MASTER'S SEMINARY JOURNAL

BOOK REVIEW

Five Views on Apologetics


By Steven B. Cowan, ed.
Grand Rapids : Zondervan (2000). 398 Pages.

Reviewed by Brian Morley
12.2 (Fall 2001) : 255-257

Apologetic methodology has been a topic of debate in recent decades, due partly to the contrasting views of a number of prominent apologists and partly to developments in thinking about the underlying epistemological issues. Cowan’s book brings direct interaction in a field that rarely benefits from it.

In the book, each apologist presents a case for his apologetic approach and responds to the others. Then each has a chance to respond to his critics. And finally, Cowan, a pastor and an adjunct professor of philosophy at Ouachita Baptist University, offers his insights into the areas of agreement and disagreement.

William Craig, with characteristic precision, sets forth his Classical Method, adding that he sees a difference between knowing Christianity to be true and showing it so. Accordingly, the Christian’s primary assurance is not from argument but from the internal witness of the Holy Spirit: “[R]ational argument and evidence may properly confirm but not defeat that assurance” (28). As to showing Christianity to be true, Craig supports the traditional two-step method of using arguments for the existence of God to show that theism is more probable than not, and using historical arguments to demonstrate the truth of Christianity.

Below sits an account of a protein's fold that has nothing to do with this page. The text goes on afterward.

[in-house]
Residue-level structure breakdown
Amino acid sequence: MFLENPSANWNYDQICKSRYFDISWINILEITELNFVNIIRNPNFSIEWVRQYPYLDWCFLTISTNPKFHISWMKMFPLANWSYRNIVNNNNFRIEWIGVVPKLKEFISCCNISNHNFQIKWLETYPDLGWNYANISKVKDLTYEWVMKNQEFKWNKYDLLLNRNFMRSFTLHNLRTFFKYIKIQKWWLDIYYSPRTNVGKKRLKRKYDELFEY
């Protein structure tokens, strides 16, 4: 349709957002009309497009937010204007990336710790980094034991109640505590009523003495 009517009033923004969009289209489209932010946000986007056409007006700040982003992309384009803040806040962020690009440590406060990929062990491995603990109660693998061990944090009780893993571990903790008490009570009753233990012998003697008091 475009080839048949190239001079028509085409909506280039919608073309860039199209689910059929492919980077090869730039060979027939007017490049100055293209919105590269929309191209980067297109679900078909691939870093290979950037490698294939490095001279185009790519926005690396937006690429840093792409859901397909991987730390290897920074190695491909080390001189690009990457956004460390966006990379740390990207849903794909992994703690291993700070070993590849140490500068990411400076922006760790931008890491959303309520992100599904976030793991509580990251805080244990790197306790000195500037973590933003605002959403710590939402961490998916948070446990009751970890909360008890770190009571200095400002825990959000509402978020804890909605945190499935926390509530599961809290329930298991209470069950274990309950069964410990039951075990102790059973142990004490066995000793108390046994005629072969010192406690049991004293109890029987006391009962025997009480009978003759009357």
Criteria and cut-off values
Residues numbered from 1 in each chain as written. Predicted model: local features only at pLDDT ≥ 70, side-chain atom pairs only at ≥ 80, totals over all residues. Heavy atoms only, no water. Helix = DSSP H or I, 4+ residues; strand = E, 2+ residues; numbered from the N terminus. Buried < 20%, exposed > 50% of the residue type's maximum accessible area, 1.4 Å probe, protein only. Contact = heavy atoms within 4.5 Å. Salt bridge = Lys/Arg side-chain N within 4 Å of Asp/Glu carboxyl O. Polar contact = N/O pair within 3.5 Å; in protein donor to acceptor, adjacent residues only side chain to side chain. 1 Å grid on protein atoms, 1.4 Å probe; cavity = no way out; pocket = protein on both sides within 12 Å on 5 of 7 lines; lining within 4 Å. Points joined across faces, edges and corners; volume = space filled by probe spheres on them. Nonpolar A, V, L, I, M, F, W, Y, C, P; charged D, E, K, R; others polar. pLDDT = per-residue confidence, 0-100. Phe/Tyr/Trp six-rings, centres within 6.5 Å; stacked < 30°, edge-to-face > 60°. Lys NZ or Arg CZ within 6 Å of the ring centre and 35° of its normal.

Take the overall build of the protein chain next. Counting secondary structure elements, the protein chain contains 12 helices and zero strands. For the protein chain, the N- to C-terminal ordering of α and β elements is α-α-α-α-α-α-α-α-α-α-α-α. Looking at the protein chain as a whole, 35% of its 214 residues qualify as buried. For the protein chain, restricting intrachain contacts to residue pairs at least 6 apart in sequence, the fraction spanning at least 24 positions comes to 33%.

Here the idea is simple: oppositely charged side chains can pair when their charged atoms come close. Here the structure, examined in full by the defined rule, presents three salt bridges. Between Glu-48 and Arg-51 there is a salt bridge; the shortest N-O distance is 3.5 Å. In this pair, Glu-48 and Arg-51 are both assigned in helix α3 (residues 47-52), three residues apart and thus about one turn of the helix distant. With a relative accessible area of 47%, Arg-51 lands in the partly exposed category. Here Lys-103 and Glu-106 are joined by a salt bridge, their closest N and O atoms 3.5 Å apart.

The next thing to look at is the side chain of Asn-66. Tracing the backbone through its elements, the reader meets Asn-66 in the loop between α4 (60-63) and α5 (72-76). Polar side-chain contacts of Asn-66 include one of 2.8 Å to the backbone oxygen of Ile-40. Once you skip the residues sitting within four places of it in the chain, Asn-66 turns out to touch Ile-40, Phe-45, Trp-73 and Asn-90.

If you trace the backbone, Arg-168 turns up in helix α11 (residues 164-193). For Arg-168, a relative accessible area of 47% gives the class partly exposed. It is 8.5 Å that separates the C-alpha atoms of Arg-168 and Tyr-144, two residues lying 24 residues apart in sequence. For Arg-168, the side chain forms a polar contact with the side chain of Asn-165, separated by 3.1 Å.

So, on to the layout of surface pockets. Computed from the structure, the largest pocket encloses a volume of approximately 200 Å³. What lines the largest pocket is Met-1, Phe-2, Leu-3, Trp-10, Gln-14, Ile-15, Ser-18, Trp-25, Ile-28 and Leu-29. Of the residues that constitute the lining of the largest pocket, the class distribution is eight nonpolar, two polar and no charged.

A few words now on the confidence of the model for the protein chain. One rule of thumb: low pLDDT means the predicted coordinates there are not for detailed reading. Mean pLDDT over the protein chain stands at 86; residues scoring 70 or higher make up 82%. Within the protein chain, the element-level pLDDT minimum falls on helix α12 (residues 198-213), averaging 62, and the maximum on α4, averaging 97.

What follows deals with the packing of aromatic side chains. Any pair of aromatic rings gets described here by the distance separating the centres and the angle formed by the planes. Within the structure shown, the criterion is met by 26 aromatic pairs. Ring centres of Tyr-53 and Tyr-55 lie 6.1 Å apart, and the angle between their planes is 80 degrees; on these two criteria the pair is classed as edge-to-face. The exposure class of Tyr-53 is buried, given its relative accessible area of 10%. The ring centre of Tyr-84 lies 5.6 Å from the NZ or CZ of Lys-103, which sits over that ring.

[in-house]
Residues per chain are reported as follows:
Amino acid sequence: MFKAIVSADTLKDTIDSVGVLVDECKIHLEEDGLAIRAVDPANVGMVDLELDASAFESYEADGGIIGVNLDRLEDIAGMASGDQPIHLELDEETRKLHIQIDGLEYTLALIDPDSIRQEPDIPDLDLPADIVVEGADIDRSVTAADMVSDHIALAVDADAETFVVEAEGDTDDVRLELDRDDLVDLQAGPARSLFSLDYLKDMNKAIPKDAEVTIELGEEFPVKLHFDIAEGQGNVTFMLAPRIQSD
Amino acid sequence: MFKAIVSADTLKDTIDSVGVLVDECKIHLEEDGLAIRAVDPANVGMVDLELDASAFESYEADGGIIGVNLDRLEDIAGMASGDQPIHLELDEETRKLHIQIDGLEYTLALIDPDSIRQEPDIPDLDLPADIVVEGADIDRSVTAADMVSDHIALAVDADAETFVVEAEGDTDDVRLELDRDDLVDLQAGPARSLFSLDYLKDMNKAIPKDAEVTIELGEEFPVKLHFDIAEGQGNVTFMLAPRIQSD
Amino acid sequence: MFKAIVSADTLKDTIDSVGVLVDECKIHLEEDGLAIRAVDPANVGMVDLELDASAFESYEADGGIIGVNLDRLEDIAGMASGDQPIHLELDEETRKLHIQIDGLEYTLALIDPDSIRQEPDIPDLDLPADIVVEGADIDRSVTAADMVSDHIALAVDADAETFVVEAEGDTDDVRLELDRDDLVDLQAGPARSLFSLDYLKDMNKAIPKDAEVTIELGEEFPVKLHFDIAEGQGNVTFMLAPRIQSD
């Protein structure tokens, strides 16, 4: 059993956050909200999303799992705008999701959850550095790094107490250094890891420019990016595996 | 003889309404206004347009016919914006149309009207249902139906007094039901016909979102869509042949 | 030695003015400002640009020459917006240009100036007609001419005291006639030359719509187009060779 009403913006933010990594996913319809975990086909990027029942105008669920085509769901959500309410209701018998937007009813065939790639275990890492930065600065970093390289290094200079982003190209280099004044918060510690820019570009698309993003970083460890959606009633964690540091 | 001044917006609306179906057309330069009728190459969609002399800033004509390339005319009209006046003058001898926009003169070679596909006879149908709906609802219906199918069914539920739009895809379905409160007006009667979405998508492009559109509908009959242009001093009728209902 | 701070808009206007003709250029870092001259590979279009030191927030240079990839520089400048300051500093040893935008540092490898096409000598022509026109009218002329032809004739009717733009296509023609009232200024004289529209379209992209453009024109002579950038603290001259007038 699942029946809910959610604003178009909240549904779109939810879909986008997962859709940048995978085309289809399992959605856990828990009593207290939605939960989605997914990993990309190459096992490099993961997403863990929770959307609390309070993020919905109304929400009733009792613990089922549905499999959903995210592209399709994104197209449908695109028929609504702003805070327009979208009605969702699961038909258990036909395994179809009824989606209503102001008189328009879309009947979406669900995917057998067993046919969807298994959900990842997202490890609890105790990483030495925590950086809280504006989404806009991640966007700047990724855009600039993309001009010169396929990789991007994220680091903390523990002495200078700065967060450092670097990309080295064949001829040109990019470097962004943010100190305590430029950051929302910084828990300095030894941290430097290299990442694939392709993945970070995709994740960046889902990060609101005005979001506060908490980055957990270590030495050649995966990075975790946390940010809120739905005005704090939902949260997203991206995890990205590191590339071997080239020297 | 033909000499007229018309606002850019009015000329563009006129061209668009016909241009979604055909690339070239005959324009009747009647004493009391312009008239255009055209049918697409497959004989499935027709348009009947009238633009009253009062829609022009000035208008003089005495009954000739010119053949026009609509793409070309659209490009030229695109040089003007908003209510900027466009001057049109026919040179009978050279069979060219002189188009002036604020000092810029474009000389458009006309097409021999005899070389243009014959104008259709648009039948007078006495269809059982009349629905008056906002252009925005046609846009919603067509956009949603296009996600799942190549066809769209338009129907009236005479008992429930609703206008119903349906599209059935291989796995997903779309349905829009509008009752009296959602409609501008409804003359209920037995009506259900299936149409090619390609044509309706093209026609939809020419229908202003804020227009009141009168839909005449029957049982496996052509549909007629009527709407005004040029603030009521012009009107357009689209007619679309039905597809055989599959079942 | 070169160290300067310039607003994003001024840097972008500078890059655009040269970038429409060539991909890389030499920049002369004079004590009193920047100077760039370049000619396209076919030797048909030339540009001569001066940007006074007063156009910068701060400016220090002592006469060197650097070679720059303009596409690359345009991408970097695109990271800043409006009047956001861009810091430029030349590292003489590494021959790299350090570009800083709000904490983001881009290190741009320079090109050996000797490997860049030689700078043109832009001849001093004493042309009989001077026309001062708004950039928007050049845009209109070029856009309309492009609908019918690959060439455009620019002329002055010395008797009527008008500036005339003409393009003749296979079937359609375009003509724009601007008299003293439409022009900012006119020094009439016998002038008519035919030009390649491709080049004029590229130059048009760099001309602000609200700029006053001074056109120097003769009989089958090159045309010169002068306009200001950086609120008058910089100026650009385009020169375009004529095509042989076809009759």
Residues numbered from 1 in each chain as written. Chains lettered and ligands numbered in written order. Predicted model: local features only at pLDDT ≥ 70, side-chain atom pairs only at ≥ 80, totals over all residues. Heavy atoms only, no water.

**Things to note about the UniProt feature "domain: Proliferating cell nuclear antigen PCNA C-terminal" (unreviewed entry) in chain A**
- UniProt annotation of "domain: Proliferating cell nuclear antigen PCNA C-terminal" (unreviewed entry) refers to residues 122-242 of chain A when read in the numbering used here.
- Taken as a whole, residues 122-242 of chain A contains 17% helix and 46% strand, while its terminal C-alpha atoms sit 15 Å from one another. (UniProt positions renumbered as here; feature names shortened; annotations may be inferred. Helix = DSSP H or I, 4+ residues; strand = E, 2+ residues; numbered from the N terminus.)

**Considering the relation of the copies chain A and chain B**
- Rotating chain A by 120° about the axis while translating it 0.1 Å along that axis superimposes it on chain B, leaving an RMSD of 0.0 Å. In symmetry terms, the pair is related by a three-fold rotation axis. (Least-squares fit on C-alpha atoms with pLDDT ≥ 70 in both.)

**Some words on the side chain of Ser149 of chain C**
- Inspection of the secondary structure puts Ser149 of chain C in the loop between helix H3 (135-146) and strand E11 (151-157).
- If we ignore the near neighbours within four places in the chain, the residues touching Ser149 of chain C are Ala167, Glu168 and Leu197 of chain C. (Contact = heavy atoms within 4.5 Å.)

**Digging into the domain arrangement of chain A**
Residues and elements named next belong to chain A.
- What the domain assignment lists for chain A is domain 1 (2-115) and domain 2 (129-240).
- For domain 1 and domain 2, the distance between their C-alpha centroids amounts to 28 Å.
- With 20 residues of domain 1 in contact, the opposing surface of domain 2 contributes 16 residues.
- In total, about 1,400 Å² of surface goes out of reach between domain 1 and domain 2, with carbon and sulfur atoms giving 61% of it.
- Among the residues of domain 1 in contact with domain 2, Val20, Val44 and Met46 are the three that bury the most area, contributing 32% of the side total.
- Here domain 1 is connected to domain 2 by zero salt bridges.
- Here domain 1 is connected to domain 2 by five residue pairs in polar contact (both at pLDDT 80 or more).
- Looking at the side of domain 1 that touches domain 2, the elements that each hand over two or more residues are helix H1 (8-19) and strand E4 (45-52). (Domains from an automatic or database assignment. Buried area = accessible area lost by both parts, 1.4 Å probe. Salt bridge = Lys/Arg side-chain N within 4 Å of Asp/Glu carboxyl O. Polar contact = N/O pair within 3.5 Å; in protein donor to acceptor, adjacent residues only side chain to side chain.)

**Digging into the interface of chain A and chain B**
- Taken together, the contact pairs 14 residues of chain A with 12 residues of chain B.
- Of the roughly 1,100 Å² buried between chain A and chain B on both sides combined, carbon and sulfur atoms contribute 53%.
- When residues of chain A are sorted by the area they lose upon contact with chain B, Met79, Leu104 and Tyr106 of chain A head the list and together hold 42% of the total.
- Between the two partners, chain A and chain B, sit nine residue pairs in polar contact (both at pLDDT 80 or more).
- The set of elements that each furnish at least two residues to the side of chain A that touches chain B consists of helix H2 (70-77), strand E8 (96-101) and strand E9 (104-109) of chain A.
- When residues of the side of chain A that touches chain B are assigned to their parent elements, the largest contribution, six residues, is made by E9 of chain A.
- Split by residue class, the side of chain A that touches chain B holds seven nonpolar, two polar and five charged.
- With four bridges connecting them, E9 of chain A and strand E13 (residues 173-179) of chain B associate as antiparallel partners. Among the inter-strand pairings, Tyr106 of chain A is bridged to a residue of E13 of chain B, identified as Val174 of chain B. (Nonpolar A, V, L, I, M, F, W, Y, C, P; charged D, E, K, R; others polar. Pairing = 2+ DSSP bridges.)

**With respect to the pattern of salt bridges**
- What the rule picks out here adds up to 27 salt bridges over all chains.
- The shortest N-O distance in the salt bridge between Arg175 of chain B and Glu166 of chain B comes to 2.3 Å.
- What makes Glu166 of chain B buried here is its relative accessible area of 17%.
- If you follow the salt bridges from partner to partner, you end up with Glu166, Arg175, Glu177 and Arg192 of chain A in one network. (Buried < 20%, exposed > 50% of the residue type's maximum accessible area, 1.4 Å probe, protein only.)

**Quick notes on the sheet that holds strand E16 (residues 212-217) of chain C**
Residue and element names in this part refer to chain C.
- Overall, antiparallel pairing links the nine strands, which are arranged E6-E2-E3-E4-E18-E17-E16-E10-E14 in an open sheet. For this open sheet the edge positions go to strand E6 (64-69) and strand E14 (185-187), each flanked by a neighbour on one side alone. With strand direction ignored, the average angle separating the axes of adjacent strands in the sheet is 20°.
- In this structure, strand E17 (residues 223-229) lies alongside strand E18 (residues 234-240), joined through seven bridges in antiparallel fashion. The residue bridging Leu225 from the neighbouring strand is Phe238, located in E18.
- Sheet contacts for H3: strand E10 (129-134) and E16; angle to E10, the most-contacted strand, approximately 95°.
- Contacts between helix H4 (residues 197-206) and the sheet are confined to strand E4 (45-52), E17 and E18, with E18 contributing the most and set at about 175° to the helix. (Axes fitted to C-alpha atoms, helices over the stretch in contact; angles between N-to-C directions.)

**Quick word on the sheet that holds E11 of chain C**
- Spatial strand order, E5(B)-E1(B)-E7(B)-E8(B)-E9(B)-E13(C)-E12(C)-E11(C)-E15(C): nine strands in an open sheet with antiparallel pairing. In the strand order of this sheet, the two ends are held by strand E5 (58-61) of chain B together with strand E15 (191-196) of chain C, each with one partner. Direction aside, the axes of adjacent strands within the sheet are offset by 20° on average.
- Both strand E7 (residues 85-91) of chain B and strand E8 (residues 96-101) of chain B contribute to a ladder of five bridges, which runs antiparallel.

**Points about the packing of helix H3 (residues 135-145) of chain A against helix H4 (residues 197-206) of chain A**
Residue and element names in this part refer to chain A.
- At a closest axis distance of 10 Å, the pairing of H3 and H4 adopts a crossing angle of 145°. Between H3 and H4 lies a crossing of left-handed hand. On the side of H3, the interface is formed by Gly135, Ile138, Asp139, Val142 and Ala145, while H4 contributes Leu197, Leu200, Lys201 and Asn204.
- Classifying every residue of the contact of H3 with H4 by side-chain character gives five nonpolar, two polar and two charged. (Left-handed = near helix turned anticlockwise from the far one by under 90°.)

Gary Habermas, the Evidentialist, rightly distinguishes between evidentialist epistemology, which holds that something must be proved in order to be believed, and evidentialism as an apologetic methodology (the view he defends). Though the former has fallen into disfavor, the latter is widely used by apologists who are, for example, internalists (i.e., those who hold that for belief to be knowledge a person must be aware of his reasons for holding the belief in question), foundationalists (who hold that some beliefs, such as those that are self-evident, can be known without being supported by other beliefs), and reliablists (who hold that belief is knowledge if we know that we obtained it through a process that reliably gives us knowledge).

Habermas argues for a one-step approach in which both God and Christianity can be proved chiefly by the historical method—the existence of God being convincingly entailed in an event like the resurrection. In addition, however, he welcomes theistic arguments. Craig finds the approach too broad to be a distinct method (122) and argues for greater stress on theistic arguments. Without that stress, he says, the Christian’s appeal to the miraculous will seem ad hoc (i.e., contrived to explain a narrow set of facts and unconnected to other knowledge or explanations). The problem will be avoided, Craig points out, if theistic arguments are used to provide independent support for a supernatural being.

Paul Feinberg sees Christian theism and its competitors as whole systems of belief that compete as the best explanations for all the data for which we must give an account (151). The model for his Cumulative Case method, then, is not philosophy or logic, but law, history, and literature. Consequently, premises and derivations are absent; however, tests for truth are appropriate. These are the same tests used in other rational endeavors, such as science and history, and include consistency, correspondence, comprehensiveness, simplicity, livability, fruitfulness (favorable consequences), and conservation (changing the theory only as necessary; Craig rejects this as akin to mere commitment to one’s theory and thus pluralistic in its effect, 181). The advantage of comparing whole explanations, says Feinberg, is that an opponent must offer an alternative that is superior to Christianity and not merely criticize it.